In the 1950s Julian P. Van Winkle did a series of advertisements that were folk stories he would tell with a moral that you should drink Old Fitzgerald Bourbon. He later had a collection of these stories published as a pamphlet called “A Jigger of Common Sense”. I have a photocopy of this pamphlet in my archive. The original is in the archive that Diageo now owns.

The cover has a photograph of Julian standing in front of the brass sign that hung by the gates of the distillery. He is dressed in a white suit and hat, pointing at the sign. In the pamphlet there are stories with titles like “ The Day the Rhino came to Town”, “How to Stay Married for Life”, “How to Live a Hundred Years”, and “ How to Read a Whiskey Label”. There are nine stories in the pamphlet. They are very fun advertisements to read and I am sure that they were very effective at selling Old Fitzgerald.

For example, the story “The Day the Rhino came to Town” is about a farm hand who is before a judge for beating up a man who called him a Rhinoceros for the past three years. When the judge asked him why he waited so long to take his vengeance he told the judge that he had never seen a Rhinoceros before until the circus came to town. Julian then goes on to explain that the words “sour mash” are “rhinoceros words”. Most people don’t know what they mean and he then explains the term. Of course, Old Fitzgerald is a sour mash Bourbon.

The story about “How to Stay Married for Life” tells of someone asking Henry Ford on his Golden Wedding Anniversary how he managed this and his answer was “Stick to one model”. You should stick to one Bourbon – Old Fitzgerald. In the story “How to Live a Hundred Years” old Granny Dilworth is asked how she lived to be so old and answered “Because I was born a long time ago”. So was Old Fitzgerald.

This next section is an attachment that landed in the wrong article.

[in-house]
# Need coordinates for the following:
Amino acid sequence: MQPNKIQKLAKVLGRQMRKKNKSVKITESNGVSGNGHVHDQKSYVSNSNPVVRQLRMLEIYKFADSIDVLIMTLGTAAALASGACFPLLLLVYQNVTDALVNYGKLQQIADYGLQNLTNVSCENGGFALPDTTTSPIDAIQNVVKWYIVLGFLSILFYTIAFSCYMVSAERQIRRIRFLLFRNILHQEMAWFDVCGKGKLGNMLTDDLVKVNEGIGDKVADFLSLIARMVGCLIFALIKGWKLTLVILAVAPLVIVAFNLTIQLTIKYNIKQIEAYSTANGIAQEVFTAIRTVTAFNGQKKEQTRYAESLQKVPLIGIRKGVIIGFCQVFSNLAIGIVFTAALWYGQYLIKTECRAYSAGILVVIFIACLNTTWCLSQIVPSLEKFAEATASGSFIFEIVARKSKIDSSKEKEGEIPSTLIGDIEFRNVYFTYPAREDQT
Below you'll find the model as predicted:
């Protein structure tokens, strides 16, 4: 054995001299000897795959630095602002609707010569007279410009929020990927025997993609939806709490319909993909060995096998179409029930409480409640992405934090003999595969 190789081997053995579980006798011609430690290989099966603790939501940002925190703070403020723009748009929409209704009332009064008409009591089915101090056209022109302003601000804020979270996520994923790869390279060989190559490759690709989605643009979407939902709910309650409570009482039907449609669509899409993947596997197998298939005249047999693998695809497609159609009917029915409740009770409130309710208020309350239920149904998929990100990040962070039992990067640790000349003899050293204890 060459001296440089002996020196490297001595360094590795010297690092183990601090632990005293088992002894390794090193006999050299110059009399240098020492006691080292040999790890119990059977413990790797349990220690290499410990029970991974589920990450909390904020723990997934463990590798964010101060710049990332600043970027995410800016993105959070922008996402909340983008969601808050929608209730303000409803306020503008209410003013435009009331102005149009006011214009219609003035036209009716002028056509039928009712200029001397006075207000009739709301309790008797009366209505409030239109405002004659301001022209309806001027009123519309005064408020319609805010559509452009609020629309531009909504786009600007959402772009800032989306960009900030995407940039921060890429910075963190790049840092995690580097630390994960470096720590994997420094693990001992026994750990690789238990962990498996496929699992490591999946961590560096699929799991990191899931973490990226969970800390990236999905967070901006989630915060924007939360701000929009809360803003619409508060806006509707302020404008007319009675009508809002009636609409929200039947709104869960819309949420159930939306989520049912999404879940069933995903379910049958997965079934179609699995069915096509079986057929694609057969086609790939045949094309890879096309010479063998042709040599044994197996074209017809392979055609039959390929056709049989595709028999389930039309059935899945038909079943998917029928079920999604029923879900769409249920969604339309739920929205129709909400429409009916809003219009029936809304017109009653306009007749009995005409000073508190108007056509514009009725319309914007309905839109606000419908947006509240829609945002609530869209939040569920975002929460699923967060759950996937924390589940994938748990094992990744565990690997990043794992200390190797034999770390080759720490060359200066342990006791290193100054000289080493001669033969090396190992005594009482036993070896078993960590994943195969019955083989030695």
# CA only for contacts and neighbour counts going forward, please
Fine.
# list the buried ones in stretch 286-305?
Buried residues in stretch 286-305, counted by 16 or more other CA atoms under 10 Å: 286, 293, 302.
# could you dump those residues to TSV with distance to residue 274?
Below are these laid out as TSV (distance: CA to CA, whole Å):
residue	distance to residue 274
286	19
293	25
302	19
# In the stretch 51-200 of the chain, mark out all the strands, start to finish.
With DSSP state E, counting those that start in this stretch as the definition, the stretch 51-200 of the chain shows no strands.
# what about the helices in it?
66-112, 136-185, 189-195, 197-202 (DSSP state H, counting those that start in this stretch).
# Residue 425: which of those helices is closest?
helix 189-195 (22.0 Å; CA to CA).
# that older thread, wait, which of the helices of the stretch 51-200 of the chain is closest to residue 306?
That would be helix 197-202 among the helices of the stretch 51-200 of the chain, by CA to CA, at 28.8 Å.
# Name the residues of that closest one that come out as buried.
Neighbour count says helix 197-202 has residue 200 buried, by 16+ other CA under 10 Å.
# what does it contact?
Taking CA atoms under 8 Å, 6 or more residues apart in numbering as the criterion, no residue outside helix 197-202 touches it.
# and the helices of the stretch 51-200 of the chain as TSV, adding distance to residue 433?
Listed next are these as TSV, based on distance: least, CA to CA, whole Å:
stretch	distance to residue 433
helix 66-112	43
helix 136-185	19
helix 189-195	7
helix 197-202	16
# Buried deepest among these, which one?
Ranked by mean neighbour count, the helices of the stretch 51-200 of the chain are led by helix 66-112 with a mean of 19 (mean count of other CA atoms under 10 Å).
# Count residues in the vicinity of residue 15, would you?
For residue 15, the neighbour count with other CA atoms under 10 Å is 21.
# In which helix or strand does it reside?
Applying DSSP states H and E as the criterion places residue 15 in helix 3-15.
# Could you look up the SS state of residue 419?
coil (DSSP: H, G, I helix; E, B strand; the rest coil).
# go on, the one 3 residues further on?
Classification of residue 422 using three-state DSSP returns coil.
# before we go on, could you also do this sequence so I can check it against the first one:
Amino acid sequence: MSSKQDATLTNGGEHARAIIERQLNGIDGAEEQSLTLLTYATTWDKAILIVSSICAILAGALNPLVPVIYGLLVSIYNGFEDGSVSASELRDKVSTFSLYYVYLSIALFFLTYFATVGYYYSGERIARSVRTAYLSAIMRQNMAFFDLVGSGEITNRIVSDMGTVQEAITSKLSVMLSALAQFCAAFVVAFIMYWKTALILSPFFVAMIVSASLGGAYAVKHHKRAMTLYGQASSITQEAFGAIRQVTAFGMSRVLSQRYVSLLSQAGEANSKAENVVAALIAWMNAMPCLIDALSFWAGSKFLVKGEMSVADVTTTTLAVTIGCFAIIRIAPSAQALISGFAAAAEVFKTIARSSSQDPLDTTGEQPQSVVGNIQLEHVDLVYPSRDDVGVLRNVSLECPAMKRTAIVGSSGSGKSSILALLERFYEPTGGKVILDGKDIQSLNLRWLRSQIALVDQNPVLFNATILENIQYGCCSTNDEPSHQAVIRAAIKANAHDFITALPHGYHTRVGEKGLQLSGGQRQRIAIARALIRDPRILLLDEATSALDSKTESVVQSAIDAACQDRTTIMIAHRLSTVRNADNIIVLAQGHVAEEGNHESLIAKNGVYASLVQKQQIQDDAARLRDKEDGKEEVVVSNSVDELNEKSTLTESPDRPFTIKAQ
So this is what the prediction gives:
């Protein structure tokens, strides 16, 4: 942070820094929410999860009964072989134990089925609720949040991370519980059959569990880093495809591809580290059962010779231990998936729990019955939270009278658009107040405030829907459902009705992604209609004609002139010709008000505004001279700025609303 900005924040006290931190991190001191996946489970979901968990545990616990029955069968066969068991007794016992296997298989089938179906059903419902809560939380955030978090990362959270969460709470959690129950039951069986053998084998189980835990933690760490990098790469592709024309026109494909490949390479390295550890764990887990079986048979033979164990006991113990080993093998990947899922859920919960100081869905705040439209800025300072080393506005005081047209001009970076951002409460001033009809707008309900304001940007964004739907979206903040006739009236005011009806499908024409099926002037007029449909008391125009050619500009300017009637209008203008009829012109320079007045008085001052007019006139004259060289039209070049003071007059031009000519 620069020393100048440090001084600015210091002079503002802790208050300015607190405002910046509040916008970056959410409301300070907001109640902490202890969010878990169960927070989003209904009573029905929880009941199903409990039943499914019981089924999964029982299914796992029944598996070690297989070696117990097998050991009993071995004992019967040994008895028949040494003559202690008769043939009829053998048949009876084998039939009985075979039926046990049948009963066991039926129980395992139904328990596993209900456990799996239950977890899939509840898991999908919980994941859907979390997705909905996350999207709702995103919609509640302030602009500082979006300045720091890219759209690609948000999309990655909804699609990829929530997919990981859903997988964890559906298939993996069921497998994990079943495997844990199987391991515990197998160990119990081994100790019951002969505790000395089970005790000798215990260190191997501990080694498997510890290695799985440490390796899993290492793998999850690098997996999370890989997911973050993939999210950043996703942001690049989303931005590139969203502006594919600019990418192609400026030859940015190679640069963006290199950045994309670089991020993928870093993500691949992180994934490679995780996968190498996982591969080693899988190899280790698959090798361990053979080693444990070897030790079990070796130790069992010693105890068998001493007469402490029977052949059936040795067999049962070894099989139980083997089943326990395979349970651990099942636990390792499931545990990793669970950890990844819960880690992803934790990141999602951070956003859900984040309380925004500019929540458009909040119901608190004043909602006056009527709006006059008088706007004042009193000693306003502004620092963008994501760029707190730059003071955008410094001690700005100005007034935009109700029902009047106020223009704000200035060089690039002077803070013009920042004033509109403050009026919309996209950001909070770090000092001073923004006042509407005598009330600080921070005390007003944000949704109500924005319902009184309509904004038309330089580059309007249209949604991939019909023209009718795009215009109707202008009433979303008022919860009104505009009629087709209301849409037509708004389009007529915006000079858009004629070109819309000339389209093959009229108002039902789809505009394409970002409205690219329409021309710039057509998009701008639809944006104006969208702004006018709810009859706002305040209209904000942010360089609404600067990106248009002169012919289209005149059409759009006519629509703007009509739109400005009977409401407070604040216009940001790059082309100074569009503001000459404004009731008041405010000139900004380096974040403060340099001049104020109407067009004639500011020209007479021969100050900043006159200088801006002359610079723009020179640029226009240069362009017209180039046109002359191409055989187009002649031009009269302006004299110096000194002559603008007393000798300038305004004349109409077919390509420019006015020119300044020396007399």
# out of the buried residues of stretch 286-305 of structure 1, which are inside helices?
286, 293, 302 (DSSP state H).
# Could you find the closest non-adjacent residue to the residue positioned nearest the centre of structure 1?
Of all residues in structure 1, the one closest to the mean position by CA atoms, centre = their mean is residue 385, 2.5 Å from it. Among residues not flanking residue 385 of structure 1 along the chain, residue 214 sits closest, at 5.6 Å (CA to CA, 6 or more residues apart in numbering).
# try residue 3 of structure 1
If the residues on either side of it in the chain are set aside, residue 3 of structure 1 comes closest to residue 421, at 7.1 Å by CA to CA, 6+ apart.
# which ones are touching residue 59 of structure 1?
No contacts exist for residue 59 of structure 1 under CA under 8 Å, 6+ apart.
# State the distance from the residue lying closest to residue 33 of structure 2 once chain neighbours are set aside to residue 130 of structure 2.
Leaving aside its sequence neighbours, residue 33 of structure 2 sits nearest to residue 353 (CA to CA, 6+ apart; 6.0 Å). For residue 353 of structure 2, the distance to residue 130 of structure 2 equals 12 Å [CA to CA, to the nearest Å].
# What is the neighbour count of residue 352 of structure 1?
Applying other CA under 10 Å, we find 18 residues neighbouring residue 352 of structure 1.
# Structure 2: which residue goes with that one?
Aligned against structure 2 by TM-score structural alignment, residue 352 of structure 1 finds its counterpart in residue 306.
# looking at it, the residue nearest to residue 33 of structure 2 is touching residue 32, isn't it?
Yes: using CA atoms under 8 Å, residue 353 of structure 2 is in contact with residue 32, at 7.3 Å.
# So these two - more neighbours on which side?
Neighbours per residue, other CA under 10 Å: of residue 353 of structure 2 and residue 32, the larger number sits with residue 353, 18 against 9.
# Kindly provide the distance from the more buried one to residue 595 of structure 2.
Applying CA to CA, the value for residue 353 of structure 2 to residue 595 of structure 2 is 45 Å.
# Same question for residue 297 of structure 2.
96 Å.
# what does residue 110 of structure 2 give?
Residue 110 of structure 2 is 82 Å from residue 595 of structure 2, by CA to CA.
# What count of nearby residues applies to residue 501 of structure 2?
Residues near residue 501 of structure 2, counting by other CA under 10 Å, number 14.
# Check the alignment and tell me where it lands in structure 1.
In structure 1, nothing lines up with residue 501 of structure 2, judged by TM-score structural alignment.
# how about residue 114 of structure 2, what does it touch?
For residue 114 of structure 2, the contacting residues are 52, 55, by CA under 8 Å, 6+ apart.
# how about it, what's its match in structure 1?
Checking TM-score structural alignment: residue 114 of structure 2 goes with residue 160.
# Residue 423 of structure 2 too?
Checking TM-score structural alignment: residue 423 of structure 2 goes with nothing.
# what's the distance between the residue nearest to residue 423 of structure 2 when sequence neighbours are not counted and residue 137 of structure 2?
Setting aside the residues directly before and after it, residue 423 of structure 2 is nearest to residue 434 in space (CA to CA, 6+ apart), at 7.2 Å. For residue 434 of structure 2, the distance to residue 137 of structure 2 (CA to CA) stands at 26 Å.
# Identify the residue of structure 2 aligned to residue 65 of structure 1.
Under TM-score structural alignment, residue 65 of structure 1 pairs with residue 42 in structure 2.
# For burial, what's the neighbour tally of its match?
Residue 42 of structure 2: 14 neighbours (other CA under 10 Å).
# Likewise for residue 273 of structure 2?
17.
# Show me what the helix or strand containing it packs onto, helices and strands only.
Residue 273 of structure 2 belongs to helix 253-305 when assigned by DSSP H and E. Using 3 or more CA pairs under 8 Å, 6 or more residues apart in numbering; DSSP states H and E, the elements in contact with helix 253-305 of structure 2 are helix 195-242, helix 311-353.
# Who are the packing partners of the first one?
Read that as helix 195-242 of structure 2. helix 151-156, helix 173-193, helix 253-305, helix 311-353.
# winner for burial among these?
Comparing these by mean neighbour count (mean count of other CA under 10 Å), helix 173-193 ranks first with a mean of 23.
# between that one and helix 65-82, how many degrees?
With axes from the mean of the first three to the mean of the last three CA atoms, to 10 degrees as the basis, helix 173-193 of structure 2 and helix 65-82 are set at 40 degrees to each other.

In “How to Read a Whiskey Label” Julian explains about Bottled-in-Bond whiskey and the difference between bonded whiskey and blended whiskey. Of course Julian never sold Old Fitzgerald as anything other than a bonded Bourbon.

The other stories are in a similar vein. In a couple of them he used stories told by Abraham Lincoln to make his point. Others are takes on the field hand / stable boy / common man character.

These stories are filled with marketing for Old Fitzgerald. That does not make them less interesting. The history is not always accurate – John E. Fitzgerald is a Kentucky distiller in the “How to Live a Hundred Years” story. They do however have a “common sense” appeal in their telling as they sell the brand. They are good, clean, fun stories that work.

Photos Courtesy of Rosemary Miller, from Michael Veach’s personal archives